I sat in my car and waited. By then it was about 3 pm. I listened to the Christian radio station and fiddle with my phone as the time slowly ticked by. Now it was four, I had my eyes fixed on the area the bondsman told me my husband would be released from. Was I ready to see him? No… I wasn’t prepared for any of this. Then again I wasn’t prepared to be horribly betrayed by my spouse and left a grieving single mother of four children back in September either, but somehow we did with it right?
Now it was 5 pm. I watched as several different inmates were released and caught buses. Still not my husband. My phone rang. “Shemeaka? I’m outside, did you bail me out?” I looked by I didn’t see him. Around and around I drove but to no avail. “Where are you?” I asked. Apparently, there was a second facility. I drove over to the second facility, which was conveniently located right down the street from the bail bondsman. I didn’t make it all the way down the road before I saw my husband walking with another inmate down the road. I barely recognized him with a beard. I had never seen him, not clean-shaven. He got into the car.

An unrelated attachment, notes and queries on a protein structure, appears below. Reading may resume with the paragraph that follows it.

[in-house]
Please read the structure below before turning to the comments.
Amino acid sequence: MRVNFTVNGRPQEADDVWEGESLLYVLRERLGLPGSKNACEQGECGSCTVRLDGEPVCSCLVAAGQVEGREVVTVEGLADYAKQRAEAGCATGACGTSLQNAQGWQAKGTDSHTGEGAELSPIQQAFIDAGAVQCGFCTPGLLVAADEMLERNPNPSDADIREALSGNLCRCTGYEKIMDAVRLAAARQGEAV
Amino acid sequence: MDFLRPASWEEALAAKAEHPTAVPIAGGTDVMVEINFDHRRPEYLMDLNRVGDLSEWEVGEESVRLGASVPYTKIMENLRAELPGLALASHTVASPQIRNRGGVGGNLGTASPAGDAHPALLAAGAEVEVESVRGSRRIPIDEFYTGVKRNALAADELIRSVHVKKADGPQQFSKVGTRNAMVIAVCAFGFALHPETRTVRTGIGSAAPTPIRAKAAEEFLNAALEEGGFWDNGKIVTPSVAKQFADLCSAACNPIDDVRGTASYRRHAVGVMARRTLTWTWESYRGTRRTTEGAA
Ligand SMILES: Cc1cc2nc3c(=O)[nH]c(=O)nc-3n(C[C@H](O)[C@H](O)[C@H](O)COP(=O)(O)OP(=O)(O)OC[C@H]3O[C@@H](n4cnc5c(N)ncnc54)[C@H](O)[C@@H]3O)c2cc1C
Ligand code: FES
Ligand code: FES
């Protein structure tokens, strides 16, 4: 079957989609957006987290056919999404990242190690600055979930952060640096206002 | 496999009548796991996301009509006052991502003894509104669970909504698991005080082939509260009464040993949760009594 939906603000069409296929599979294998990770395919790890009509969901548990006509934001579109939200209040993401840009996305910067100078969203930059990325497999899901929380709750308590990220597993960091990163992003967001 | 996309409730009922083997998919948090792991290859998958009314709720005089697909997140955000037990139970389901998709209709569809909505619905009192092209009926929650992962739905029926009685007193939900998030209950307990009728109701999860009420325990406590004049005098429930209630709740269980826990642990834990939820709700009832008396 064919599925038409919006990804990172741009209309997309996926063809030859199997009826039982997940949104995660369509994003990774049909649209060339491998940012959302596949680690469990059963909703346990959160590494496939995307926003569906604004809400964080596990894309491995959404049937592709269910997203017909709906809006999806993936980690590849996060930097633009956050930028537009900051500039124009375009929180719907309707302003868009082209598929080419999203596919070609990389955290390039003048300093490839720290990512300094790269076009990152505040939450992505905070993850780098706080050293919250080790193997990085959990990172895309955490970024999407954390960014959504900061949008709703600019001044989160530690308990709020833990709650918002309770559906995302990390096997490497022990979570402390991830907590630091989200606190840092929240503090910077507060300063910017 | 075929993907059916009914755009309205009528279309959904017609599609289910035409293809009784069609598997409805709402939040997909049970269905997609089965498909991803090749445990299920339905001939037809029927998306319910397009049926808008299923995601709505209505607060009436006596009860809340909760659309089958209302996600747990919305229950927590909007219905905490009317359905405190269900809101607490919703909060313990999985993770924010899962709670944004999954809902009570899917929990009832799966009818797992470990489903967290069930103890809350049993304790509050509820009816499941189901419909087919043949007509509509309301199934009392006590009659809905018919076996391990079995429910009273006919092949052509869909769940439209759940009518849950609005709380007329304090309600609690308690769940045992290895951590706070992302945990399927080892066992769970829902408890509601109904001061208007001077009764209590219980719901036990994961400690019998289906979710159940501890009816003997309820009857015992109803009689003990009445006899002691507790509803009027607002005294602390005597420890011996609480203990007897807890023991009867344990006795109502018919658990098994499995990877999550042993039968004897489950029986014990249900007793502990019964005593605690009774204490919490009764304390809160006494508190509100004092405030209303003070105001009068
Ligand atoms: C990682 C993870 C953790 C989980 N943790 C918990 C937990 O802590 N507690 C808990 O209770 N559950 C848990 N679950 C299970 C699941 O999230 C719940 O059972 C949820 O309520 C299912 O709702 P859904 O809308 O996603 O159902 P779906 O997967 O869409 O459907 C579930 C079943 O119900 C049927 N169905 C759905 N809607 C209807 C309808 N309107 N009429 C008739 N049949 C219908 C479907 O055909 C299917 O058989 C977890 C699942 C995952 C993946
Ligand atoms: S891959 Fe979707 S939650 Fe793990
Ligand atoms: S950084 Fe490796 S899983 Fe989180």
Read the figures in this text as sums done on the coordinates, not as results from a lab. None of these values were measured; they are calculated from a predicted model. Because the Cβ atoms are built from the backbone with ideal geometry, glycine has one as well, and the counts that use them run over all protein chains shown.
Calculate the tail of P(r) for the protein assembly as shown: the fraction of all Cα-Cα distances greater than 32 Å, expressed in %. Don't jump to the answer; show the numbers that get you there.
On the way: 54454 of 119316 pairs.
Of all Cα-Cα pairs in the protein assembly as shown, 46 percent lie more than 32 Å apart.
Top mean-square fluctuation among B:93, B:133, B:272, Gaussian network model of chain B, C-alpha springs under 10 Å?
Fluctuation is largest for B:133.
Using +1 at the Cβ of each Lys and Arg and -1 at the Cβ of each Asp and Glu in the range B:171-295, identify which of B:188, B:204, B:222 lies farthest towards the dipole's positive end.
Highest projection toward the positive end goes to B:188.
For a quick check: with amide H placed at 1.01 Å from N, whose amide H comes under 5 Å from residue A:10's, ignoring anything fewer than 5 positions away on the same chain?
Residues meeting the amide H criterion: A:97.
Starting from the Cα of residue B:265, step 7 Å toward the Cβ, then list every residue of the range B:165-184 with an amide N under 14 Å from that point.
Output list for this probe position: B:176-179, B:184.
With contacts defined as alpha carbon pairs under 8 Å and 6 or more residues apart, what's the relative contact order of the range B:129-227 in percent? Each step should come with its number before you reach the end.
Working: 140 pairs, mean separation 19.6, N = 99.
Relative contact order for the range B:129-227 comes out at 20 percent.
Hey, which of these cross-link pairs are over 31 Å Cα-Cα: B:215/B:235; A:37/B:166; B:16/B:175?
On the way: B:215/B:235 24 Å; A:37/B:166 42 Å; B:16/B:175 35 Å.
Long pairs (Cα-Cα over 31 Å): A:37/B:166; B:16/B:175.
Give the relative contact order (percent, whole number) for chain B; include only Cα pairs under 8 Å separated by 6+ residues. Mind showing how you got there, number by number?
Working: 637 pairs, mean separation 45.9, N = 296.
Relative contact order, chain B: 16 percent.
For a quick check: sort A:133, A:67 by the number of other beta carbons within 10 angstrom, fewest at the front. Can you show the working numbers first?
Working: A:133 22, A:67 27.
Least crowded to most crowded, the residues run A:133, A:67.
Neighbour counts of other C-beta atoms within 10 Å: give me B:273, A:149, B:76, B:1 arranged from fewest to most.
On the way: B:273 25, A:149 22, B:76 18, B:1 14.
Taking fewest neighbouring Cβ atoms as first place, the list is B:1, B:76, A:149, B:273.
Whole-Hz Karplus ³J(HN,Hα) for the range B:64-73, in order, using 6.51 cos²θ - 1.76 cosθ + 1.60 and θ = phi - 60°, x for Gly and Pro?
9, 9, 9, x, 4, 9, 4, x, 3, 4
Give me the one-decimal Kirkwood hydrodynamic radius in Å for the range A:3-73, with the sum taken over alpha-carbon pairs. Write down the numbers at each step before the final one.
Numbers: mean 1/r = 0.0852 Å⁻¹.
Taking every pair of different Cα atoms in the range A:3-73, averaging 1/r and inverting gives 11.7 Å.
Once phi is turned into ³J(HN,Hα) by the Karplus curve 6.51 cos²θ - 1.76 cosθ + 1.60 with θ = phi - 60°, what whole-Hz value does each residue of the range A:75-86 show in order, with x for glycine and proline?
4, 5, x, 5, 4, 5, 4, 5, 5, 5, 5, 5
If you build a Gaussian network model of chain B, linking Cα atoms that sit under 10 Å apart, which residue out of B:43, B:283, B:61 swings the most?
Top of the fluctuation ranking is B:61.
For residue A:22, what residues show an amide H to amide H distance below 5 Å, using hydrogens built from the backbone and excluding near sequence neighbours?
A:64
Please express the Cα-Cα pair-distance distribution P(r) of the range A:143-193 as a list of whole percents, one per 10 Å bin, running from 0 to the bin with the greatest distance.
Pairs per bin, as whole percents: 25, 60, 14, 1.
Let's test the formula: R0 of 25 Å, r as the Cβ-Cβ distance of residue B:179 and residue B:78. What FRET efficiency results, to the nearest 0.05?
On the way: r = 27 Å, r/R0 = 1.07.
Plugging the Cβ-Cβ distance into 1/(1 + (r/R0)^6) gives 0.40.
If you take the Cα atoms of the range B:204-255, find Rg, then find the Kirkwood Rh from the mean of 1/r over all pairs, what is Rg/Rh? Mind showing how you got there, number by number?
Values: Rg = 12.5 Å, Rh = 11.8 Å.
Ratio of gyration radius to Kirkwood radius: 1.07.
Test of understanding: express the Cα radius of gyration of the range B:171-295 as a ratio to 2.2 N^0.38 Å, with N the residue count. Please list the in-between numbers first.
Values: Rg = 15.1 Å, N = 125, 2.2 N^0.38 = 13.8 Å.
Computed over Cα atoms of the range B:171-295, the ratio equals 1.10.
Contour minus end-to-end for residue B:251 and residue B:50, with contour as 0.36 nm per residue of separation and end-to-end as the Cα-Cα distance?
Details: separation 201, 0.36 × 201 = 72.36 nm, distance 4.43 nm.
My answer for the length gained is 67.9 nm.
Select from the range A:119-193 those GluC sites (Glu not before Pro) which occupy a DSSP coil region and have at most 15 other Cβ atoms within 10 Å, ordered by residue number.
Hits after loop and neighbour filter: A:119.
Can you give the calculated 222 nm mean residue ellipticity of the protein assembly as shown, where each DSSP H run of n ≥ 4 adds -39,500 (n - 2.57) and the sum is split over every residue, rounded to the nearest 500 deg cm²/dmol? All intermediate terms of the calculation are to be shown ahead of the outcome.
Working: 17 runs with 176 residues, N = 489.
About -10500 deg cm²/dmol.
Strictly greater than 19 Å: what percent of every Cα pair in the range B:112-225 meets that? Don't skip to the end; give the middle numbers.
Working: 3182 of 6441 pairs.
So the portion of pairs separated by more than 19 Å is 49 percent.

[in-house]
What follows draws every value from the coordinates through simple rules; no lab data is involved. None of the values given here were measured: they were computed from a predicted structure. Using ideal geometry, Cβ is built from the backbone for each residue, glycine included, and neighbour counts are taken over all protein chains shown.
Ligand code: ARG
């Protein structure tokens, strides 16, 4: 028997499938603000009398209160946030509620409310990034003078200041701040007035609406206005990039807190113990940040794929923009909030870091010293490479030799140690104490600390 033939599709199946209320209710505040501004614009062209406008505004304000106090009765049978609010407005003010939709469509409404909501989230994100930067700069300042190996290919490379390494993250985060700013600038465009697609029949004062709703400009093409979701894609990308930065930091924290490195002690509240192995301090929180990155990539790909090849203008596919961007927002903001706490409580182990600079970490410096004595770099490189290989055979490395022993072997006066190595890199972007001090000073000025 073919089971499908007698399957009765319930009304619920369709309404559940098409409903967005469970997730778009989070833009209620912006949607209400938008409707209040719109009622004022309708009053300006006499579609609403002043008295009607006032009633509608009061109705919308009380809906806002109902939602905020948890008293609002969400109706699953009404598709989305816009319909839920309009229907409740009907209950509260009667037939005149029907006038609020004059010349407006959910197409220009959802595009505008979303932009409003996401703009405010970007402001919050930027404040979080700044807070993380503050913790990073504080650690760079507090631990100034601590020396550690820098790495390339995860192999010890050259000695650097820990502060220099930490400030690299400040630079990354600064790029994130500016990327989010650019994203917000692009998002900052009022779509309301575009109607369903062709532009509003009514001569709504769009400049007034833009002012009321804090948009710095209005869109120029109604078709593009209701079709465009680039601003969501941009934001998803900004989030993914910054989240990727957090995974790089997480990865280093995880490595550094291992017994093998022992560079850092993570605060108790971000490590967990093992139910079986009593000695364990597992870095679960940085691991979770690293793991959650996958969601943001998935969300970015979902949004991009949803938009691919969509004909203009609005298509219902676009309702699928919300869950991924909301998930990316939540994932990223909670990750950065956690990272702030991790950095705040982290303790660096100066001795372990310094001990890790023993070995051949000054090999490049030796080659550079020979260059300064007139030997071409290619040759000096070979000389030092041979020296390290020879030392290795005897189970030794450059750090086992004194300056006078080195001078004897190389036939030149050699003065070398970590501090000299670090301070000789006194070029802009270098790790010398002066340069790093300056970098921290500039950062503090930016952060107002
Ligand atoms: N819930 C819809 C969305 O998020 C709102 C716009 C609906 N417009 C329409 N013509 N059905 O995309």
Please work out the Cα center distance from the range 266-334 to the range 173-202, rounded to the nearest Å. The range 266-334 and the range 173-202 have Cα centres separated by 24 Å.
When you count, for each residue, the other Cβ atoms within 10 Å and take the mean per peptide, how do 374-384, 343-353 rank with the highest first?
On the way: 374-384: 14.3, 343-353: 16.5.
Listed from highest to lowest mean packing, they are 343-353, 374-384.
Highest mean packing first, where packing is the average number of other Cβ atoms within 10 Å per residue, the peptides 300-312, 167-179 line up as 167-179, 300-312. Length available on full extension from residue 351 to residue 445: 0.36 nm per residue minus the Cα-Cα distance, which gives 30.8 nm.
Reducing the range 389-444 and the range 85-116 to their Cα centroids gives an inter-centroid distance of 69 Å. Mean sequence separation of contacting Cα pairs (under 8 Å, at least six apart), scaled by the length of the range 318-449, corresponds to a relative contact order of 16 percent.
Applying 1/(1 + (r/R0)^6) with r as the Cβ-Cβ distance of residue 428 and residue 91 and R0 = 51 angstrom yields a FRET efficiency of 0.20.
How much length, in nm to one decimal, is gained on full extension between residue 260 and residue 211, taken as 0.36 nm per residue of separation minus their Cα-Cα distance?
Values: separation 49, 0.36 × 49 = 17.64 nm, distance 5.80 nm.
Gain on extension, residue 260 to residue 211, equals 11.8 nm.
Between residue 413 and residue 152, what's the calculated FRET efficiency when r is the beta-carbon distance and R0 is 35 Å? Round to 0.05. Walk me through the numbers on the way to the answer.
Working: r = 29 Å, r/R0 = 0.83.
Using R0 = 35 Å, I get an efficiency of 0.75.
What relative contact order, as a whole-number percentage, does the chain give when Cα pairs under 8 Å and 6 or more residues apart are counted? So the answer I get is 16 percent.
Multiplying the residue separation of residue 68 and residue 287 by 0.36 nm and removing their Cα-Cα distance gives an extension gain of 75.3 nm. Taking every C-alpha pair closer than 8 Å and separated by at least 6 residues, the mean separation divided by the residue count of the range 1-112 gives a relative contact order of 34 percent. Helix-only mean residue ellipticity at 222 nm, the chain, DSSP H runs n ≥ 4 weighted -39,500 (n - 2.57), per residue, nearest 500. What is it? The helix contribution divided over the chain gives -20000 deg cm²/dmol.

“Where are the boys?” he asked. He must have been out of his mind. There was no way I was going to bring our children with us into this situation. “They are with my aunt,” I replied. He was quiet as we drove back up the road to sign the rest of the documents with the bondsman. The ride home was awkward, to say the least. A 2-hour drive where I watched him twitch and flinch. Apparently, I wasn’t the only one with trauma out of this entire situation. He spoke to me again as we crossed over the Buckman Bridge in Jacksonville. I don’t recall what he said, but I replied “God I hate this city…” He put his head down and said, “I know.” He apologized for how quiet he was and explained the last two weeks in the jail had been particularly rough. I just held my tongue. I knew I needed to give him time to adjust.
As we drove my mind flashed back to the conversation that I had with my friend on the way to bail him out. Set boundaries. What will you talk about, what won’t you talk about? Draw lines. Be honest. I could do that. Could I do it without beating the snot out of my husband? That was yet to be determined. I took him to Walgreens to the local Walgreens in Orange Park to get him some toiletries. I called a good friend of mine to find a pay-by-week hotel to put him up in. I took him through a drive-through to get something to eat. As we parted ways at the hotel I hugged him. He awkwardly wrapped his arms around me and patted my back. It was like seeing an estranged friend. I told him I would bring the boys by in the morning to see him. He was out of jail right in time for our youngest son’s first birthday and of course after that, Christmas.